It’s a question worth asking, I think. For one thing, Coraline seems to be a re-telling of a very specific fairy tale: one that has been told in different forms fairly recently. Key examples that come to my mind are Miyazaki’s Spirited Away and Pan’s Labyrinth by Guillermo del Toro. In all three these movies, a young girl on the eve of puberty is moving with her parents into a new house, leaving one set of friends behind, entering a new, unfamiliar, and slightly daunting new world (an unnamed city in Spirited Away, a countryside mansion in Pan’s Labyrinth).
What troubles me about Coraline is in part how prettily, how artfully, how comparatively vapidly it inhabits this very specific and by now rather well trodden mythopoeic terrain. Watching it, I was constantly conscious of a level of knowing calculation, of cuteness. Compared to its sister movies, it lacks real heart or passion. And this is not an unrealistic thing to want of a movie about Little Girls Growing Up. Spirited Away, after all, had real soul at its core: not only in its great visual beauty, but also in the central character Chihiro’s fierce and indomitable integrity. Pan’s Labyrinth was a great deal less likeable in its barely disguised misogyny and its pessimism about what female adulthood entails, but at least it too had a heart, even though it was a nasty one. Coraline, in comparison, is pale, even a little cloying. It’s like unwrapping a beautifully wrapped present; all gauzy papers and beautiful ribbons, everything wonderfully and artfully folded around… nothing.
Some of this is clearly due to this being a big-production, high-concept, lavishly budgeted animated feature. I have no doubt that bevies of focus groups considered every aspect of the story and how it would be pitched. Certainly teams of creative, intelligent and talented people worked with great industry and inventiveness on every aspect of it, from the beautiful music to every cleverly realized flower in that surreal garden. Polished it, I think until they polished out the soul, left us with nothing but surface.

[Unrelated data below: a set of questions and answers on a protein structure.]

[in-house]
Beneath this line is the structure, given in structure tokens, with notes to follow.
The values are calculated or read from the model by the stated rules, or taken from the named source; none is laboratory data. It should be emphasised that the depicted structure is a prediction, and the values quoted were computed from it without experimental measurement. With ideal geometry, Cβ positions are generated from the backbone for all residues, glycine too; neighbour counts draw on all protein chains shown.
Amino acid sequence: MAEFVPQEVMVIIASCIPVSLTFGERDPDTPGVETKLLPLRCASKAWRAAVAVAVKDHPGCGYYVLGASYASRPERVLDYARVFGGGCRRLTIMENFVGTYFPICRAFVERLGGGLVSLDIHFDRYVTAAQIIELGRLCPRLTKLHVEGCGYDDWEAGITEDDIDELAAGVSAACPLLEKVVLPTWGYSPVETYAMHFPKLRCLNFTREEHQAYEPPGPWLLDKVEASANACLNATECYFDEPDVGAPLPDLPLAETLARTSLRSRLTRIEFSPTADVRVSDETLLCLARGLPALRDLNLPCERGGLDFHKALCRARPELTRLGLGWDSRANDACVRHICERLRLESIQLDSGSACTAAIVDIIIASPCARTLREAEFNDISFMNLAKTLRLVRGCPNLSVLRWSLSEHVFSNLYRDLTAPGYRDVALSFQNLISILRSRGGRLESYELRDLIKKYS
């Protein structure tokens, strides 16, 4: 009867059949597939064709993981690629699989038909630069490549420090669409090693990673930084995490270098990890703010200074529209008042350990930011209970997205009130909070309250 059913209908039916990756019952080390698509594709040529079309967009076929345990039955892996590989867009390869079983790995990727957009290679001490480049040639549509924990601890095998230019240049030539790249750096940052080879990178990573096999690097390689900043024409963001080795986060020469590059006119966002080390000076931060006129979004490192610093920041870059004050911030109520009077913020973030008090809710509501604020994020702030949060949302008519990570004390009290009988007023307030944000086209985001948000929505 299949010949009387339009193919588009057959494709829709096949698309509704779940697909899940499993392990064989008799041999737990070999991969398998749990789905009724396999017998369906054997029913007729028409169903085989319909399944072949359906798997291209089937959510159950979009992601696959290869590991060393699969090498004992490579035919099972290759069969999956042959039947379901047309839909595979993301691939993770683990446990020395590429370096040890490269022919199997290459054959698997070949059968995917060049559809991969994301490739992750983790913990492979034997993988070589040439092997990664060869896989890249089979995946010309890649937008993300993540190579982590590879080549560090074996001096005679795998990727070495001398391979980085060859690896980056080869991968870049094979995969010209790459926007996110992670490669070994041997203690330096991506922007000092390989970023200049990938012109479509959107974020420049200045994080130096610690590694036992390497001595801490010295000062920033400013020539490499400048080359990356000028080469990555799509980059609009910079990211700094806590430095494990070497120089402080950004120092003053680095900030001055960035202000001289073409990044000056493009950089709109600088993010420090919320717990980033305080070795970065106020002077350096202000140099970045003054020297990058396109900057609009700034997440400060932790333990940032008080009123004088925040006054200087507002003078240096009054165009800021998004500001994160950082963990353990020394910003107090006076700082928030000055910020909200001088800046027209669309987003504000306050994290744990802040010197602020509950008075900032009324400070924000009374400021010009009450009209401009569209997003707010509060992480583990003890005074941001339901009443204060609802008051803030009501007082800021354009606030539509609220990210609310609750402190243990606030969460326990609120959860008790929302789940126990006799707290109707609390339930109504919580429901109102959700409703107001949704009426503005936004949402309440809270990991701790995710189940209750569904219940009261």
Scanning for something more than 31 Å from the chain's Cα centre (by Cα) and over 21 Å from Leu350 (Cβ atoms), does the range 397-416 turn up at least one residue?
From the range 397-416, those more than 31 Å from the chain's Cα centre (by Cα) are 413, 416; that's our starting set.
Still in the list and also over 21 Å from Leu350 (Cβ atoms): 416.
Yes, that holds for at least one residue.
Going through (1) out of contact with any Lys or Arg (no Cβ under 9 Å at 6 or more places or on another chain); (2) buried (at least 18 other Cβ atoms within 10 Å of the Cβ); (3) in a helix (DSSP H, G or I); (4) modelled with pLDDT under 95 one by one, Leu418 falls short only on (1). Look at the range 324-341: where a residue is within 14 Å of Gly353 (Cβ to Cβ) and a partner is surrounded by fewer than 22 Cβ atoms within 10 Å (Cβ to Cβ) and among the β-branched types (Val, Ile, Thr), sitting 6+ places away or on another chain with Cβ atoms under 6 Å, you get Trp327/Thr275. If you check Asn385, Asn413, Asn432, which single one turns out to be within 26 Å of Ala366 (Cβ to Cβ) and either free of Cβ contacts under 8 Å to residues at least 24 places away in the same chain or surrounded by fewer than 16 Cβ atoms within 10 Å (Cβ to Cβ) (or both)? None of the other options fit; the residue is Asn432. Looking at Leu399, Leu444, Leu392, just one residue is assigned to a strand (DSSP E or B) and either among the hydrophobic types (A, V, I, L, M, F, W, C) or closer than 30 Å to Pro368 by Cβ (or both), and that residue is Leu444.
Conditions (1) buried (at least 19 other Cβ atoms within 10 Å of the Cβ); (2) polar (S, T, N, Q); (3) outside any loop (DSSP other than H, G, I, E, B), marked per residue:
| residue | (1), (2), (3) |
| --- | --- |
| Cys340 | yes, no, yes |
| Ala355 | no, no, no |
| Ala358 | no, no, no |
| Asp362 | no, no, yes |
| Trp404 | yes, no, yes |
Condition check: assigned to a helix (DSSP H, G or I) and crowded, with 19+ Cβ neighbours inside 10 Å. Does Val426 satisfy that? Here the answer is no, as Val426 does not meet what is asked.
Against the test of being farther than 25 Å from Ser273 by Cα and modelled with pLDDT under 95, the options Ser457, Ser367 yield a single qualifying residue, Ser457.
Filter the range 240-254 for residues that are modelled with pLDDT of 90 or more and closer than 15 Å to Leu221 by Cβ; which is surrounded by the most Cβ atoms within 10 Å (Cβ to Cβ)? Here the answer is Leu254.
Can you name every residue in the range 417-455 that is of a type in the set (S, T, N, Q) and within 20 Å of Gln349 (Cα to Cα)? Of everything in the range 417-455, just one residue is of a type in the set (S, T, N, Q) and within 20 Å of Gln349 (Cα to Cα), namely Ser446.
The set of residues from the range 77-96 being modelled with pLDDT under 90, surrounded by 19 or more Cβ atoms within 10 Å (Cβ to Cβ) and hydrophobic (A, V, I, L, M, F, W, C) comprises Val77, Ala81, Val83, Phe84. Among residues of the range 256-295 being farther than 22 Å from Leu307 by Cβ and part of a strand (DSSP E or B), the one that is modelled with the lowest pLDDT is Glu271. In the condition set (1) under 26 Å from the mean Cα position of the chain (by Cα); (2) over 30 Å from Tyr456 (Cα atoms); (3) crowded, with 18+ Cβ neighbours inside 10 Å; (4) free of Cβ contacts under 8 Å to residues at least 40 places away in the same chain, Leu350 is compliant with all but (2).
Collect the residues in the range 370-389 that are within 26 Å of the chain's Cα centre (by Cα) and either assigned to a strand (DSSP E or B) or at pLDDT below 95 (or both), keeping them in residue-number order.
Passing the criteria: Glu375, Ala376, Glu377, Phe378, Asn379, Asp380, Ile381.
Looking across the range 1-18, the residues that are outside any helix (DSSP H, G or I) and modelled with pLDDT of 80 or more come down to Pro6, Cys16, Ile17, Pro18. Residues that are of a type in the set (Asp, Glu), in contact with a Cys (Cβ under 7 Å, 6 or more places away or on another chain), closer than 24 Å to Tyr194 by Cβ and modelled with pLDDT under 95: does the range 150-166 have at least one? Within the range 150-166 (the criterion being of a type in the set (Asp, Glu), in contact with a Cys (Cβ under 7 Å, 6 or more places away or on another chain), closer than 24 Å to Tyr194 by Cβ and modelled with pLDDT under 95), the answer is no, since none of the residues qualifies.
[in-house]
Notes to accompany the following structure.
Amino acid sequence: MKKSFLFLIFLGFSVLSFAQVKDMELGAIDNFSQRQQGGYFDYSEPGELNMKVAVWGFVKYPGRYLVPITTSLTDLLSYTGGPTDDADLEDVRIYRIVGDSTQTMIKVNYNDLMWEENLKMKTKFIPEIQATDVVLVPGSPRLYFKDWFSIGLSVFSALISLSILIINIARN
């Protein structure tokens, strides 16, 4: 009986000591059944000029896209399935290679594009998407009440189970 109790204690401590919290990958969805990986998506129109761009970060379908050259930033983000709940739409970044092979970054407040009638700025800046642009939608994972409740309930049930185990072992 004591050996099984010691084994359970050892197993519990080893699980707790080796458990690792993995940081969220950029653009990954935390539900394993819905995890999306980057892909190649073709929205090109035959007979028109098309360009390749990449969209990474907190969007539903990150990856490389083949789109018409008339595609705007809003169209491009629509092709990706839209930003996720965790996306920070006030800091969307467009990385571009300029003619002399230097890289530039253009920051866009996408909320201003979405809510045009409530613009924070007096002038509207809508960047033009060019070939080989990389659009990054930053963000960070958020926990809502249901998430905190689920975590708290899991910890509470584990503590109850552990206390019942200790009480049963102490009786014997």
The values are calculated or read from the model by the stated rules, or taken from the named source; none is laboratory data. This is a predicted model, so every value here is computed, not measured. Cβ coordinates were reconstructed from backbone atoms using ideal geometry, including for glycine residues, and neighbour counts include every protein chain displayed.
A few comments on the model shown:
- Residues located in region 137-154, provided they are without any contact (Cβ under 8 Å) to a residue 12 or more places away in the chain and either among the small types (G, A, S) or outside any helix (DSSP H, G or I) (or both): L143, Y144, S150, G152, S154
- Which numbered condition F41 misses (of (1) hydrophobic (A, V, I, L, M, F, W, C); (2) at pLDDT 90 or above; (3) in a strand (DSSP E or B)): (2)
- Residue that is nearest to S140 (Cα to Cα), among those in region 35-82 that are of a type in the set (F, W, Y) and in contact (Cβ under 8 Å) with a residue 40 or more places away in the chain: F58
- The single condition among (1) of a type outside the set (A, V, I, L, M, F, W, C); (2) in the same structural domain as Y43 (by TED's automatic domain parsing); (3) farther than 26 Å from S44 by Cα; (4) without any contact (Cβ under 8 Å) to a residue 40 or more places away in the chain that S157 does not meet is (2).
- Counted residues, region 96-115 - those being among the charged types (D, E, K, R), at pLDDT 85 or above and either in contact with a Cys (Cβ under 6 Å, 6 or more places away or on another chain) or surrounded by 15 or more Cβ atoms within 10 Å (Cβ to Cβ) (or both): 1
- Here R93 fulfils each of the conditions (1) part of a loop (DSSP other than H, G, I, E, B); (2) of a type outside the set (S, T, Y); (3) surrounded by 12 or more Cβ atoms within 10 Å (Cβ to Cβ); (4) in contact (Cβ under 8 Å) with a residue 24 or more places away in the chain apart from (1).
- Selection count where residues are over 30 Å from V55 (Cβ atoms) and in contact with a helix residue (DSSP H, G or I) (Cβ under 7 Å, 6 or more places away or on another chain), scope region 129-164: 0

I think it is no coincidence that my doubts about this movie crystallized so clearly at the moment that it did. For at the heart of all three these movies is the underground feminine power, the imaginary nourishing mother, so ambivalent, so scary, so dangerous. We know her, of course. Her name is Kali, bringer of life and destruction. In Spirited Away we see her in her full ambivalence, beautifully and kindly rendered in the gorgeous, alarming, magnetic and playful characters of Yubaba and her twin sister Zeniba. In Pan’s Labyrinth she is present through a visceral horror of the body and of generativity (the slimy frog at the base of the tree, the mandrake root), and paradoxically through the absence of positively adult female figures (the weak mother, the barren, masculine Mercedes). In Coraline, she is revealed to be nothing but a hungry ghost, a ravenous witch, to be shut away, to be banished underground. The official plot synopsis on Wikipedia puts it with admirable and unknowing clarity: ‘ Coraline lures [the witch’s hand] to a well and tricks it into falling in with the key, ridding the world of the danger of the Other Mother forever”.
The italics are mine. The message is clear: let us have nothing to do with the inspiriting feminine. Let’s close the door to the Dreamworld. Let us be happy with real mom, cold and distant as she is, and her feeble gift of orange mittens. With the Witch, we want no traffic. No wonder the movie feels bland.